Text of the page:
A disability benefits attorney knows that not every health condition has a known cause or produces outwardly visible symptoms. That does not mean that such conditions cannot be debilitating and disrupt an individual’s daily living and ability to work, however.
Fortunately, many disability programs recognize the seriousness of chronic health issues such as chronic fatigue syndrome, fibromyalgia, autoimmune disorders or chronic pain. The Social Security Administration also recognizes the impact that chronic health conditions can make, and has set forth criteria by which many chronic conditions can qualify for disability benefits.
That’s good news for the millions of Americans that have returned from combat service in Iraq and Afghanistan since deployment began in 2001. Although combat fatality rates may have been historically low, a recent article reveals that many veterans are nevertheless returning home in worse physical and mental health.
In the case of one veteran, for example, the collective effect of wearing heavy body armor, a Humvee accident and a rooftop fall during his time overseas has compressed his spine by an inch and left him in constant back pain. Other veterans that sustained non-combat head injuries may only now be experiencing the effects, such as migraines, dizziness, memory loss, and/or symptoms of traumatic brain injury.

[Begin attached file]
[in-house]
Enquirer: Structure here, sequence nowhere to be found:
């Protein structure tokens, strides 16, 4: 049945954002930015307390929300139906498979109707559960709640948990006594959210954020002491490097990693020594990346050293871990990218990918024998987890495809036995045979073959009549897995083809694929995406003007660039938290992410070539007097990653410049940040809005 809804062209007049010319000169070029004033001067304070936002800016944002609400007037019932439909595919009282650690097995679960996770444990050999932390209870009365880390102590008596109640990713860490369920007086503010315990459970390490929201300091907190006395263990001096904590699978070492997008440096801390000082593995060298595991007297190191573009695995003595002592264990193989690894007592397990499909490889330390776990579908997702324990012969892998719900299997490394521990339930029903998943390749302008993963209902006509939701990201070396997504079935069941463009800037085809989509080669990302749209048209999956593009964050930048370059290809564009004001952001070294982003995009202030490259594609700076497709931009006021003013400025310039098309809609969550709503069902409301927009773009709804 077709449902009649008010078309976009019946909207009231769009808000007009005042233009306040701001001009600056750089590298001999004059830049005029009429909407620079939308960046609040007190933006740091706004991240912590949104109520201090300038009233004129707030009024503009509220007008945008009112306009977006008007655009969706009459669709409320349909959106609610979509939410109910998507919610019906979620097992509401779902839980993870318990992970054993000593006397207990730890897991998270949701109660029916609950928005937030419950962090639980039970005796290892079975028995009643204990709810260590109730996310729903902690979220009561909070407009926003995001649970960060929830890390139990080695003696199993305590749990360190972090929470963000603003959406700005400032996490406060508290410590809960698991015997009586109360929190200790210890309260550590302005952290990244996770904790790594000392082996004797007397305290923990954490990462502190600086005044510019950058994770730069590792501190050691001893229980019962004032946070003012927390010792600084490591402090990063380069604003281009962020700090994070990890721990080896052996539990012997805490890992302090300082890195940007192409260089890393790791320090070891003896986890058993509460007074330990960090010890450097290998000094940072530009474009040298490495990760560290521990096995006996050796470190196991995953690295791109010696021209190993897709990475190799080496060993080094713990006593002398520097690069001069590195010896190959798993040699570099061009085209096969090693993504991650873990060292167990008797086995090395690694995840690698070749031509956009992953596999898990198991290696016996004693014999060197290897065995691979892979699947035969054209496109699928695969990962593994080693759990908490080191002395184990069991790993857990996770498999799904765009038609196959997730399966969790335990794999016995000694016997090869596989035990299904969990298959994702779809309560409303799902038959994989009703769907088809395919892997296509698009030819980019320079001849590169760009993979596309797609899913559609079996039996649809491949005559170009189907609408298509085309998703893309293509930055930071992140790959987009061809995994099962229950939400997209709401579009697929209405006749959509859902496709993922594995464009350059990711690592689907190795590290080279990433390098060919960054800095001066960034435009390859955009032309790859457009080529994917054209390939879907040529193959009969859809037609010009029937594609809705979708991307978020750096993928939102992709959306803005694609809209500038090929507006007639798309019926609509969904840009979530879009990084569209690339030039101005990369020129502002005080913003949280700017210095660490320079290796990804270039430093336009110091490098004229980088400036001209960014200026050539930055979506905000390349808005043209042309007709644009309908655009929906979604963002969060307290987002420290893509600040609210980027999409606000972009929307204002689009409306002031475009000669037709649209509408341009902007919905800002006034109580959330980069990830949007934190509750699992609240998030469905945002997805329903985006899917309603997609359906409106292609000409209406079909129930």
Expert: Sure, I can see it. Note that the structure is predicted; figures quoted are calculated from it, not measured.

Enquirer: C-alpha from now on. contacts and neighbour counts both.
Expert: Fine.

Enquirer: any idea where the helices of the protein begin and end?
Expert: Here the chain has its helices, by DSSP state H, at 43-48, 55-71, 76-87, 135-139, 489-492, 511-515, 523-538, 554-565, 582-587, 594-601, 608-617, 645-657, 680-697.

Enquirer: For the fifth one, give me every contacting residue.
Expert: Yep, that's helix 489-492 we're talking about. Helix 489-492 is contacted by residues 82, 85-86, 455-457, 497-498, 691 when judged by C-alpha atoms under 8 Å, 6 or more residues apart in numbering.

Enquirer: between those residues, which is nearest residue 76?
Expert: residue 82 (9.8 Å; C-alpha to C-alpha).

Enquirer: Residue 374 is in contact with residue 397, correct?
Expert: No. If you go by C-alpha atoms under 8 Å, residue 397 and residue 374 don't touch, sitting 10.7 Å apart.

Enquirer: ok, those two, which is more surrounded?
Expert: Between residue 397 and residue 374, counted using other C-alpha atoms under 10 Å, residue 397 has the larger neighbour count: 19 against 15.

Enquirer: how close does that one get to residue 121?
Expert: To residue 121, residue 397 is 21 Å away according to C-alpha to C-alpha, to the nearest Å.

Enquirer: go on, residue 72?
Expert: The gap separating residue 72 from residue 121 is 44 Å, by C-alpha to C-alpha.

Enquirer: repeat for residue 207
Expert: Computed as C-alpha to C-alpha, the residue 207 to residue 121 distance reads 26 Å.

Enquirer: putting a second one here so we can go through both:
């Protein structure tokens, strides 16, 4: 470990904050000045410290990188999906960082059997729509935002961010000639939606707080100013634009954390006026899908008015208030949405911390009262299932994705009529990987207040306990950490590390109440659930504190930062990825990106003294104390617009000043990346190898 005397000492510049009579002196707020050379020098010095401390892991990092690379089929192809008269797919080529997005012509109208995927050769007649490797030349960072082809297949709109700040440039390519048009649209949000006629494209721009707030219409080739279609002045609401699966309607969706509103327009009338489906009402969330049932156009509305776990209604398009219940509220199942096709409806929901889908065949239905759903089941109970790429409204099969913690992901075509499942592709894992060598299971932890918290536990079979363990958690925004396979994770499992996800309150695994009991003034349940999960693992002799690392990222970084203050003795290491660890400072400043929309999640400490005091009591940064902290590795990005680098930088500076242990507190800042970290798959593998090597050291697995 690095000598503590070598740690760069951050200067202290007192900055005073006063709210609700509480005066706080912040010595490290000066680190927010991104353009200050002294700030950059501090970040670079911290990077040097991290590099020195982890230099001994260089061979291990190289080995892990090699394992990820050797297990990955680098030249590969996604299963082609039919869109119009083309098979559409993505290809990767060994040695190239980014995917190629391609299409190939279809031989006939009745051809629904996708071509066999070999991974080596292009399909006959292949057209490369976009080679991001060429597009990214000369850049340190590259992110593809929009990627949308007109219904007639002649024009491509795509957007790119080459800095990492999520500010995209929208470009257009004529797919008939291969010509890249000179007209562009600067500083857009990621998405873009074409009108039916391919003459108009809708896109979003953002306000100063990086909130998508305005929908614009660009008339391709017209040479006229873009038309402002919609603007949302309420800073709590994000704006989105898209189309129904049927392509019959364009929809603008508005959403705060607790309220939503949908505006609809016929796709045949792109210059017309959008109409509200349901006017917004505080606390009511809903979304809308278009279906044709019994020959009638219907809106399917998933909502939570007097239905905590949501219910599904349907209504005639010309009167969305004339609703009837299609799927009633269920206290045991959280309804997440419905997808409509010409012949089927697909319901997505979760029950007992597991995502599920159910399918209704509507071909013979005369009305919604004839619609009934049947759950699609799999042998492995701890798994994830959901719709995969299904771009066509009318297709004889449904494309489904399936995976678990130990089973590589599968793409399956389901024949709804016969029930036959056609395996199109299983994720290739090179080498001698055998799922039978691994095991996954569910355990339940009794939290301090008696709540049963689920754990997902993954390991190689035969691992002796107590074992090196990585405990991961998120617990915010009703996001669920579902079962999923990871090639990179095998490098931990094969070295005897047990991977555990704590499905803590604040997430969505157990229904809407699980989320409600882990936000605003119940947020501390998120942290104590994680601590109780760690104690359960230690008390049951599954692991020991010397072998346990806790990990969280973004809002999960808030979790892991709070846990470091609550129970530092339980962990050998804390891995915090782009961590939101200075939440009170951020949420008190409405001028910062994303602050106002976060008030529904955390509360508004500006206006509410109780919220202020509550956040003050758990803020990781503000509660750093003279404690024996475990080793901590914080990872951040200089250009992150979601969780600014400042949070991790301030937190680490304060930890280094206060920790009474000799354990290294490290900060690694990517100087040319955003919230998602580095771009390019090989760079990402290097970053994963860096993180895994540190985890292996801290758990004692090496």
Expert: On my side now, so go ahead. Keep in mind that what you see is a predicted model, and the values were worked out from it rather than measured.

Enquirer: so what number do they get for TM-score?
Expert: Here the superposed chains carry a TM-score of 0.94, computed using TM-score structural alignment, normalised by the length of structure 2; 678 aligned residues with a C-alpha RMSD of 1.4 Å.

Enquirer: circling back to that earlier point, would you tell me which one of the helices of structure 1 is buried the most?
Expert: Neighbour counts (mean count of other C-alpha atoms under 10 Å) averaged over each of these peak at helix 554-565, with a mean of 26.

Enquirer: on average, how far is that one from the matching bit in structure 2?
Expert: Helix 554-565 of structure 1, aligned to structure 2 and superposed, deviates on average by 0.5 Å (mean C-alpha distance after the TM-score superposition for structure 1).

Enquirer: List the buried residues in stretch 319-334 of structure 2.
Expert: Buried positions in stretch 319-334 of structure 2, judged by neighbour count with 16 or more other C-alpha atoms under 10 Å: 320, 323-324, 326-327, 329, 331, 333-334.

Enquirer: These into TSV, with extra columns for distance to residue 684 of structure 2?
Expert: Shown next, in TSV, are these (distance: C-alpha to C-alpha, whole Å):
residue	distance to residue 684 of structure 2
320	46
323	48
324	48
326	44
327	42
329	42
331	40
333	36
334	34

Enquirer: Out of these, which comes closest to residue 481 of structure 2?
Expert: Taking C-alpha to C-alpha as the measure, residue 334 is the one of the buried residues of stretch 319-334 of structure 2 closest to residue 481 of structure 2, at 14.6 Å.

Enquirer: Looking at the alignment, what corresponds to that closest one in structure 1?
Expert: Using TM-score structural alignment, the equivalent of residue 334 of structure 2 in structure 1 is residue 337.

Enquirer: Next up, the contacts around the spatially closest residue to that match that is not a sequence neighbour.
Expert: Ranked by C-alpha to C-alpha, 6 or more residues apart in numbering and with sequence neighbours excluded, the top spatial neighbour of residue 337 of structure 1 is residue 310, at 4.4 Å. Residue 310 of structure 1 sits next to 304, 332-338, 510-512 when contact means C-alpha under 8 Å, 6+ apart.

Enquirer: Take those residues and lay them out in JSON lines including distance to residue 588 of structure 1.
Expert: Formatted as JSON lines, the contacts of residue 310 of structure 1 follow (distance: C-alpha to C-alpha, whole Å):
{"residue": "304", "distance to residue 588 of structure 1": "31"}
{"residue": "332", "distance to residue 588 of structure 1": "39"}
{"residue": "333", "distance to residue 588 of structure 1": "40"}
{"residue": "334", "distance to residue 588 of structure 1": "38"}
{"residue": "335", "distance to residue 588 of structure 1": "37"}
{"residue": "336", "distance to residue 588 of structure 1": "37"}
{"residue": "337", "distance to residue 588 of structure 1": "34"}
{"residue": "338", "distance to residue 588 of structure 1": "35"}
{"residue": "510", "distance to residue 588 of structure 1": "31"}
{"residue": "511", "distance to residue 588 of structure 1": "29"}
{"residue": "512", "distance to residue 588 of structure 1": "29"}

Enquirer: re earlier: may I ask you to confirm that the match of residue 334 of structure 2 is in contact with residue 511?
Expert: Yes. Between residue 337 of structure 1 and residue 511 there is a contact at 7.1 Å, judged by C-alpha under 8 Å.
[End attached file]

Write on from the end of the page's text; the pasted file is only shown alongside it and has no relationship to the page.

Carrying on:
These are not isolated incidents. According to a national poll jointly conducted by the Kaiser Family Foundation and The Washington Post, over half of the 2.6 million returning service members report a decline in their physical or mental health, with over 80 percent of those injuries not attributable to a serious combat injury.
For many veterans, the non-traumatic injuries they sustained during their service might present a risk of developing into chronic issues. Such veterans would be well served to consult with a disability attorney today, to understand how to begin properly collecting evidence of their condition and treatments. That documentation might come in handy later, if a veteran needs to file a disability claim.
Source: The Washington Post, “The other wounds,” Rajiv Chandrasekaran, April 8, 2014